Summer has settled in here at The Farm School, and the hay is stacking up in the barn, the corn is inching taller in the field, and all of our eyes are turned to the weather forecast. So much of the success of the summer season depends on the rain, how much we get and when and how hard it falls, that it feels like the ten-day forecast becomes the major governor of everyone’s state of mind. Our pasture plants, mostly suited to cooler weather, become deeply reliant on regular rain to withstand the heat of the summer sun. Our veggie starts, with their shallow roots, also easily dry out, and rely on regular watering from above while they try to get their roots down deep enough to find moisture. Hay producers, in contrast, are looking for extended periods without rain to cut, dry and bale hay suitable for storage as winter feed, and our cultivators are looking for stretches of weather dry enough to allow them to safely drive tractors out over the veggie beds without churning the whole thing into mud. So everyone is invested in the weather forecast, and everyone is hoping for slightly different mixes of sun and rain, and everyone worries and frets a bit. The rains have been just about perfect for pasture growth so far this year, so I’m pretty happy.
We had another calf in the dairy herd on Wednesday, and the kids here for the week voted to name her Eclipse. Her mother Emily is one of our older cows, and was one of the
wonderful Evening’s last calves. I am eager to keep heifer calves from Emily since she fits the cow model that we are striving to develop here, and I am really glad to have Eclipse here at the farm. Emily is a smaller Jersey, makes lots of milk, and seems to do pretty well in our low-grain system. Eclipse is a beautiful little calf, with a unique ringed stripe pattern on her tail.
Monday and Wednesday are harvest days in the Learn to Farm Program, with a third of the students out in the fields harvesting, a third in the barn washing and packing, and the last third keeping everything else moving along. Last week’s harvest list included salad mix, cilantro, parsley, strawberries, garlic scapes, turnips and radishes. Looking down the veggie work list shows some direct seeding, including mesclun, carrots, beats, arugula, kale, beans and rutabaga, some hand weeding, and lots of tractor cultivation, mowing, and weeding. We go to markets on Tuesday and Thursday, and those end up being solid work days in the veggie fields for the folks who don’t go to market.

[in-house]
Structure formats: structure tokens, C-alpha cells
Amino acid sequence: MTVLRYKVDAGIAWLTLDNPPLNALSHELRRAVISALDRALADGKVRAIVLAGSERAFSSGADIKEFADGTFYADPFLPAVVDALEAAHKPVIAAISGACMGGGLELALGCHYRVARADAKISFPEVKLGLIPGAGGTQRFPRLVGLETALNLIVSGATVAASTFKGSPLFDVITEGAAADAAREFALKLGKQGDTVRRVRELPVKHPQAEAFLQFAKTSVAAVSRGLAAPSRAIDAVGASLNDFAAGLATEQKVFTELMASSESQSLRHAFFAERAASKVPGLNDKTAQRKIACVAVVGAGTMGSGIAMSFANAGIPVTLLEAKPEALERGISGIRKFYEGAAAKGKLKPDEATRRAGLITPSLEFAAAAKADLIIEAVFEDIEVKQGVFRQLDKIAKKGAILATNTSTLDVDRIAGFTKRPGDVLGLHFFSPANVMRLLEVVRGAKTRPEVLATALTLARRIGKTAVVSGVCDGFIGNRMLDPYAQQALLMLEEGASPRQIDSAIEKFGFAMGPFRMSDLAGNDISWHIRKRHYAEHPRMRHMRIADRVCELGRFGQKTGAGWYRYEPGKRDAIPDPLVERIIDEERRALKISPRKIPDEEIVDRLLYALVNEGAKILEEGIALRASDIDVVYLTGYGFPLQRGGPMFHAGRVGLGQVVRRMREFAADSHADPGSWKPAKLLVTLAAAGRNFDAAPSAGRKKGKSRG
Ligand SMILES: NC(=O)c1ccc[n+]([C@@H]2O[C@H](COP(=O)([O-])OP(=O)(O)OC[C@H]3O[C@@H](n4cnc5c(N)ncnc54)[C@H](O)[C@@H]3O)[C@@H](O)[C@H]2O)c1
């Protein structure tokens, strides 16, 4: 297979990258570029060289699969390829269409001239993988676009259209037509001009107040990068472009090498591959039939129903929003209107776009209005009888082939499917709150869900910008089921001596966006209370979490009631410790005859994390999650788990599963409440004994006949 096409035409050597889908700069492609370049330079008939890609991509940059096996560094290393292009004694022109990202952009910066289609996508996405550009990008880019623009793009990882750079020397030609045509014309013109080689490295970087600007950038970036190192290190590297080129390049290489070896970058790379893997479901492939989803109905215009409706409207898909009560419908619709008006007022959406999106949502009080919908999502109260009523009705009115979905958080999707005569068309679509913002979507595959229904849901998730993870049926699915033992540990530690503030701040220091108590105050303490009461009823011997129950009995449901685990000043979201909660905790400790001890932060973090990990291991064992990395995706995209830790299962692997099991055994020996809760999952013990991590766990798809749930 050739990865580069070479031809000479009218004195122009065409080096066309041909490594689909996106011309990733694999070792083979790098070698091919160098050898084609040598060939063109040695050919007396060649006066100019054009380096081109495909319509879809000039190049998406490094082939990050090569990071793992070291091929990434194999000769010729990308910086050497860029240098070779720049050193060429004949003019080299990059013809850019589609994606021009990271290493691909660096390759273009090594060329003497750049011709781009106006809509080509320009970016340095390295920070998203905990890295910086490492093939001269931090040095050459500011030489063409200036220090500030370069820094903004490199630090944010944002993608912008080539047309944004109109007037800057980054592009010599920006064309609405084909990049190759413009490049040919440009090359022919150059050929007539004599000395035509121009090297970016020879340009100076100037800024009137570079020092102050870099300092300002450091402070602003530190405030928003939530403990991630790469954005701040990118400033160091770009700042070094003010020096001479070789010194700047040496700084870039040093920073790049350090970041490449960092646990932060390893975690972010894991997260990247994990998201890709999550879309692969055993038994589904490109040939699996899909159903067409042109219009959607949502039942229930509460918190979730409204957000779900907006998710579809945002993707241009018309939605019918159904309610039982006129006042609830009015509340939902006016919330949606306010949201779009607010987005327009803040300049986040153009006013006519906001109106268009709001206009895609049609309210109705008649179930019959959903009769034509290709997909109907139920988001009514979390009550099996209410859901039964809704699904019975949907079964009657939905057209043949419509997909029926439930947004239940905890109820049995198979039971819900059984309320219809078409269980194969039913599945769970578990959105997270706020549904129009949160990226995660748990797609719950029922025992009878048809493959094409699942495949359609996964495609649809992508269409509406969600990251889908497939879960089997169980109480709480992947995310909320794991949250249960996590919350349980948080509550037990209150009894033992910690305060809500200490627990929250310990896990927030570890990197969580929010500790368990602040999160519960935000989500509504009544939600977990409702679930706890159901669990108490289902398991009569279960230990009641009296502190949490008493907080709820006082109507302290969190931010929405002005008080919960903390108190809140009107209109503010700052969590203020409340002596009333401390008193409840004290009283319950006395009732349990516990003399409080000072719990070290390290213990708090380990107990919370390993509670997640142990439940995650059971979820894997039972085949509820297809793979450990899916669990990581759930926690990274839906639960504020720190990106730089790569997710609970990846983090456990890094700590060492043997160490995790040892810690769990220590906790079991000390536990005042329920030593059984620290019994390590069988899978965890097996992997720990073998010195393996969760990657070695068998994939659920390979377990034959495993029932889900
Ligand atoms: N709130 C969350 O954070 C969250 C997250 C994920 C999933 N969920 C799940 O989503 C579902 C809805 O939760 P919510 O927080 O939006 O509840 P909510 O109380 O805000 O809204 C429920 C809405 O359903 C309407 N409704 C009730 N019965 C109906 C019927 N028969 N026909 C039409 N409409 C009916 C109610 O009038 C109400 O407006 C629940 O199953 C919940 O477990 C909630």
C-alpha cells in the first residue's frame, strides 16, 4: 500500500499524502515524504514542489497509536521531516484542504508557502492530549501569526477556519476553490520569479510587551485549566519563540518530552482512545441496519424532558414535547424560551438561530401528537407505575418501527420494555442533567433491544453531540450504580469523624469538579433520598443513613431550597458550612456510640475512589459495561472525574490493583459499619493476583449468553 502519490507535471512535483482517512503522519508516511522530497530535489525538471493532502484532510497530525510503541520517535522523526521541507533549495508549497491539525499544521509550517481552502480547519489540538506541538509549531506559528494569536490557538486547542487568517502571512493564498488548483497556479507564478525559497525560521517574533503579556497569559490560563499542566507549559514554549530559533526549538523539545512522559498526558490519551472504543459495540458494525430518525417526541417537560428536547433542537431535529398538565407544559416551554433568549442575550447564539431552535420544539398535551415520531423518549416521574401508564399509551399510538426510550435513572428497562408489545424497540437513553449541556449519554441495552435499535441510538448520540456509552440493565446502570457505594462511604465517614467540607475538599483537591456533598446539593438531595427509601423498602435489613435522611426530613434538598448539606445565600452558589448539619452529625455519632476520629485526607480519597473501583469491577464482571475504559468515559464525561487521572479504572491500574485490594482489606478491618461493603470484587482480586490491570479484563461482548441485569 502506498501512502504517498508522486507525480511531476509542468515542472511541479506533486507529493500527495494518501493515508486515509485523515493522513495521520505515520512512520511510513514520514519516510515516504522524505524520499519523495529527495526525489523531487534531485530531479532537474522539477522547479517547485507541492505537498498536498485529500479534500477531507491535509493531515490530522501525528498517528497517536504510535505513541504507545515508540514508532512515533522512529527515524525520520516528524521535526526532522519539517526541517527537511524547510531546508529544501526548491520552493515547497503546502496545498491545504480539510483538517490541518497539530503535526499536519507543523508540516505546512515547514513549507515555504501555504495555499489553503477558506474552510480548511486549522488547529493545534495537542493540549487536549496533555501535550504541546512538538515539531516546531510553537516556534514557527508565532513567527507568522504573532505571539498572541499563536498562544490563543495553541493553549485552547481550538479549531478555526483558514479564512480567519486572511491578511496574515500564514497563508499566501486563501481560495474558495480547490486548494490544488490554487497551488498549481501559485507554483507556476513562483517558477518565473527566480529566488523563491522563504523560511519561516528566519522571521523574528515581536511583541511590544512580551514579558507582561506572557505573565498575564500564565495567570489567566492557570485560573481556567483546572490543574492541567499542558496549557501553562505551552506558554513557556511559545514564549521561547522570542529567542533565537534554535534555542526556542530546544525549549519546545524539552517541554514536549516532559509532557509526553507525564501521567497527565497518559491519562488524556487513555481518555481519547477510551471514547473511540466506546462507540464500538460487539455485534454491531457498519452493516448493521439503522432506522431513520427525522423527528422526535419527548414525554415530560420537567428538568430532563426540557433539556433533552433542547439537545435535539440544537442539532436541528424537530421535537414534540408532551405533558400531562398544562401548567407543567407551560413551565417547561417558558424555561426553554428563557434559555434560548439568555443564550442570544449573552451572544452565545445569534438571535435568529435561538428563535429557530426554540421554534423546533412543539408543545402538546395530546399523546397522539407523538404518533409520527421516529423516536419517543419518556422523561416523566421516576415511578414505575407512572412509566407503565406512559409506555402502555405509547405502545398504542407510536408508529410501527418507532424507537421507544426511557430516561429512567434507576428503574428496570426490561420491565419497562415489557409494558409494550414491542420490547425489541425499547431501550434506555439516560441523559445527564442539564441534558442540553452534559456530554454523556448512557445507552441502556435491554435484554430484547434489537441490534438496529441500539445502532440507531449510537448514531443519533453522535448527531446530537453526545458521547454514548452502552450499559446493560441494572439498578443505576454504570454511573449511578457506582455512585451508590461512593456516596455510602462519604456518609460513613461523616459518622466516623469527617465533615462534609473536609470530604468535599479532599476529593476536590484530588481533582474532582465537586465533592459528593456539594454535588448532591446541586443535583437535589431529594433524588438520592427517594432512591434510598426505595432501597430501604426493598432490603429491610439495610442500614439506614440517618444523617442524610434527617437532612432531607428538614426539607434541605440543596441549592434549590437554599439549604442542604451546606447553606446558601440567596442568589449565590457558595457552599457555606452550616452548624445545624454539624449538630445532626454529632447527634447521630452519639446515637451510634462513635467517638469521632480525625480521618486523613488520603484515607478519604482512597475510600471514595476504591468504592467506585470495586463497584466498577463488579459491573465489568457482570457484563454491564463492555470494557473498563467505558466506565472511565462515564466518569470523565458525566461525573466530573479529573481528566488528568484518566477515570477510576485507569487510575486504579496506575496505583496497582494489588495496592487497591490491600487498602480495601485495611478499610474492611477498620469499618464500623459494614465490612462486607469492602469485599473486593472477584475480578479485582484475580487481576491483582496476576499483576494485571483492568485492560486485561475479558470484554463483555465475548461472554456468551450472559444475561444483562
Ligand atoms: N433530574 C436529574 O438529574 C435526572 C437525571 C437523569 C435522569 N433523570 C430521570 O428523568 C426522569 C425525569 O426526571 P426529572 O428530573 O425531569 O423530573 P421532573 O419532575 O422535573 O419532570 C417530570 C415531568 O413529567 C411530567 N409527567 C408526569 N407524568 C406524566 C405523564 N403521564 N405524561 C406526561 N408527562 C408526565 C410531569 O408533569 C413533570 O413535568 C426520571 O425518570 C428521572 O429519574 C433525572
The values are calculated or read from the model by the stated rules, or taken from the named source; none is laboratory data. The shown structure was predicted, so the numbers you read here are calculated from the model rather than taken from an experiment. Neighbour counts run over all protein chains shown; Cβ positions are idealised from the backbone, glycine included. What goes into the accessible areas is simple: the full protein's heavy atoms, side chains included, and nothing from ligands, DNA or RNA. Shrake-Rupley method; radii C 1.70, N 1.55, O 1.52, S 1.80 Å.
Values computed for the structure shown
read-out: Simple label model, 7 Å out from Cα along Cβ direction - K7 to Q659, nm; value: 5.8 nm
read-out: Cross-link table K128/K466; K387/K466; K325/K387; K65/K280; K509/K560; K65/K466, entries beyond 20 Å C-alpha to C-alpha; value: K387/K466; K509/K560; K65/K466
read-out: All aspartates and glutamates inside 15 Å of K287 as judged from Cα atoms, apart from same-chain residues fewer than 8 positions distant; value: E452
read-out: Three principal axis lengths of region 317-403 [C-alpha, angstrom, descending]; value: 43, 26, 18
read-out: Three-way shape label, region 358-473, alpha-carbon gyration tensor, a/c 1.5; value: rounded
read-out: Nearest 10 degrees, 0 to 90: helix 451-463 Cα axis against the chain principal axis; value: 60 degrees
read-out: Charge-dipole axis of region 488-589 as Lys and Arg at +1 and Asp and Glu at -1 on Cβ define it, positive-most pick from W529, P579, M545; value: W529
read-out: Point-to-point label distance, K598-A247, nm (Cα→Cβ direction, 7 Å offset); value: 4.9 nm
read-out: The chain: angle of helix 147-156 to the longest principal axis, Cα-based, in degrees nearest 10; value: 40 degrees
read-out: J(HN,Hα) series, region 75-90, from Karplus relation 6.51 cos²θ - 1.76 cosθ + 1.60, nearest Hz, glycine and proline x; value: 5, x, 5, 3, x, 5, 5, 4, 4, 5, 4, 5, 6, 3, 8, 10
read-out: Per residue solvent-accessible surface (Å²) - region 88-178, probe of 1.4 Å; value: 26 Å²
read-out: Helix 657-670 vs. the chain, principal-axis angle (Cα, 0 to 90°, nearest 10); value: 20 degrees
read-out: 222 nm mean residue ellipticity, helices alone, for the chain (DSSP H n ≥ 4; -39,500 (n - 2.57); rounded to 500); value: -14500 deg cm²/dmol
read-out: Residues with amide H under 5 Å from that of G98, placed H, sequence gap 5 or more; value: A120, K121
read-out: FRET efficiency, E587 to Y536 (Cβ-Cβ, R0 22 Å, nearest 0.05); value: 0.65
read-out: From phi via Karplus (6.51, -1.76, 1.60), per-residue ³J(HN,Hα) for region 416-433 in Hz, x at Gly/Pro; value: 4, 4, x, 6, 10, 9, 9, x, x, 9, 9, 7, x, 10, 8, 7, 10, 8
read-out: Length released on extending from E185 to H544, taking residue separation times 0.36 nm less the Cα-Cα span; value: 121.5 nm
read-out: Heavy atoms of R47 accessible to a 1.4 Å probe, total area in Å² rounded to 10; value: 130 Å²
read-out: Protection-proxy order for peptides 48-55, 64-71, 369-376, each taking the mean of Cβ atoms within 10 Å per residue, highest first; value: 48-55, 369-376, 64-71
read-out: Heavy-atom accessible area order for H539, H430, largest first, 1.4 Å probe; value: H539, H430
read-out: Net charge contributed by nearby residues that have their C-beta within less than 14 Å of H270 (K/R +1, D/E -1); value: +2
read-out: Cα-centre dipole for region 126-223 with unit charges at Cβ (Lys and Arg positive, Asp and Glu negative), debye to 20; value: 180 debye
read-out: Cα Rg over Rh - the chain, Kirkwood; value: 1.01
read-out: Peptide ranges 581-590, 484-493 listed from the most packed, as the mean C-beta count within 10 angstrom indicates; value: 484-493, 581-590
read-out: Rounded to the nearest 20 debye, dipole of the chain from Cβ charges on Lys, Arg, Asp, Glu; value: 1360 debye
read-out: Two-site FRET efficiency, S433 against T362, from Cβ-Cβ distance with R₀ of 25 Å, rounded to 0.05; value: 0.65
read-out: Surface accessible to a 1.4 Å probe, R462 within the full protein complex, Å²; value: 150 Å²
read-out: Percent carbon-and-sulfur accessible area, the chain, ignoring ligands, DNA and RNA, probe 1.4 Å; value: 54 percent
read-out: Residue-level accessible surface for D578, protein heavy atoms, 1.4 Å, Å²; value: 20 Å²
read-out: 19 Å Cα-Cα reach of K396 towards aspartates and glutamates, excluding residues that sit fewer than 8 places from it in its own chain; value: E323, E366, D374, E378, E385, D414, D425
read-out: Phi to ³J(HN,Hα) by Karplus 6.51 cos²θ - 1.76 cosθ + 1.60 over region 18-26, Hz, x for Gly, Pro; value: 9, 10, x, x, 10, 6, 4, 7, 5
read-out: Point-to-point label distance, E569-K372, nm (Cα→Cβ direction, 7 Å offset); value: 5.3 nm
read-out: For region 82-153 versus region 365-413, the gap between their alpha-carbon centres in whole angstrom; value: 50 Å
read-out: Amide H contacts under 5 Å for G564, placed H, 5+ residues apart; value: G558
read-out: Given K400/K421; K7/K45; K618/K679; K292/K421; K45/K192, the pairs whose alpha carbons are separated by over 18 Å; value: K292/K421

Our calf count in the beef herd is up to nine, with seven in the herd, one down at the dairy farm living with the dairy herd, and one who died this week. The calf that we lost had been challenged from birth, never really seeming to catch a good hold of the world around him, and always needing lots of support from the farmers managing the herd. He was regularly separated from the group and showed very little initiative to nurse, find shade, or stay with his mother. We found him Wednesday laid out in the sun, breathing shallowly and erratically, twitching and rolling his eyes, and we immediately took him in a truck down to the cool dairy barn. His temperature was off the end of the thermometer (109deg +) and in consultation with our vet we started trying to cool him with water. We got him down to 105deg and he started vocalizing and looking around, but his breathing got weaker and weaker and finally stopped about an hour after we’d brought him in. We have had calves before that seemed unable to properly regulate their body temperatures, but with temps in the high seventies on Wednesday, it is unclear exactly what issue our lost calf was facing. The rest of the group seems to be doing really well, with just one other calf who seems a bit slow to grasp this world. He is scheduled to have a visit from the vet Monday, so hopefully we’ll get some guidance about his behavior then, and I’ll let you know.
We had some dramatic weather on Tuesday, with strong winds, heavy rain, hail, lightening, and a power outage to top it off. The storm rolled through here about 7:30pm,
bending trees over and whipping things around, and sending the dairy cows running for cover in the barn. The power was out until about 12:30, so we ran a generator to keep the heat on for the turkey poults, but everything else came through wonderfully.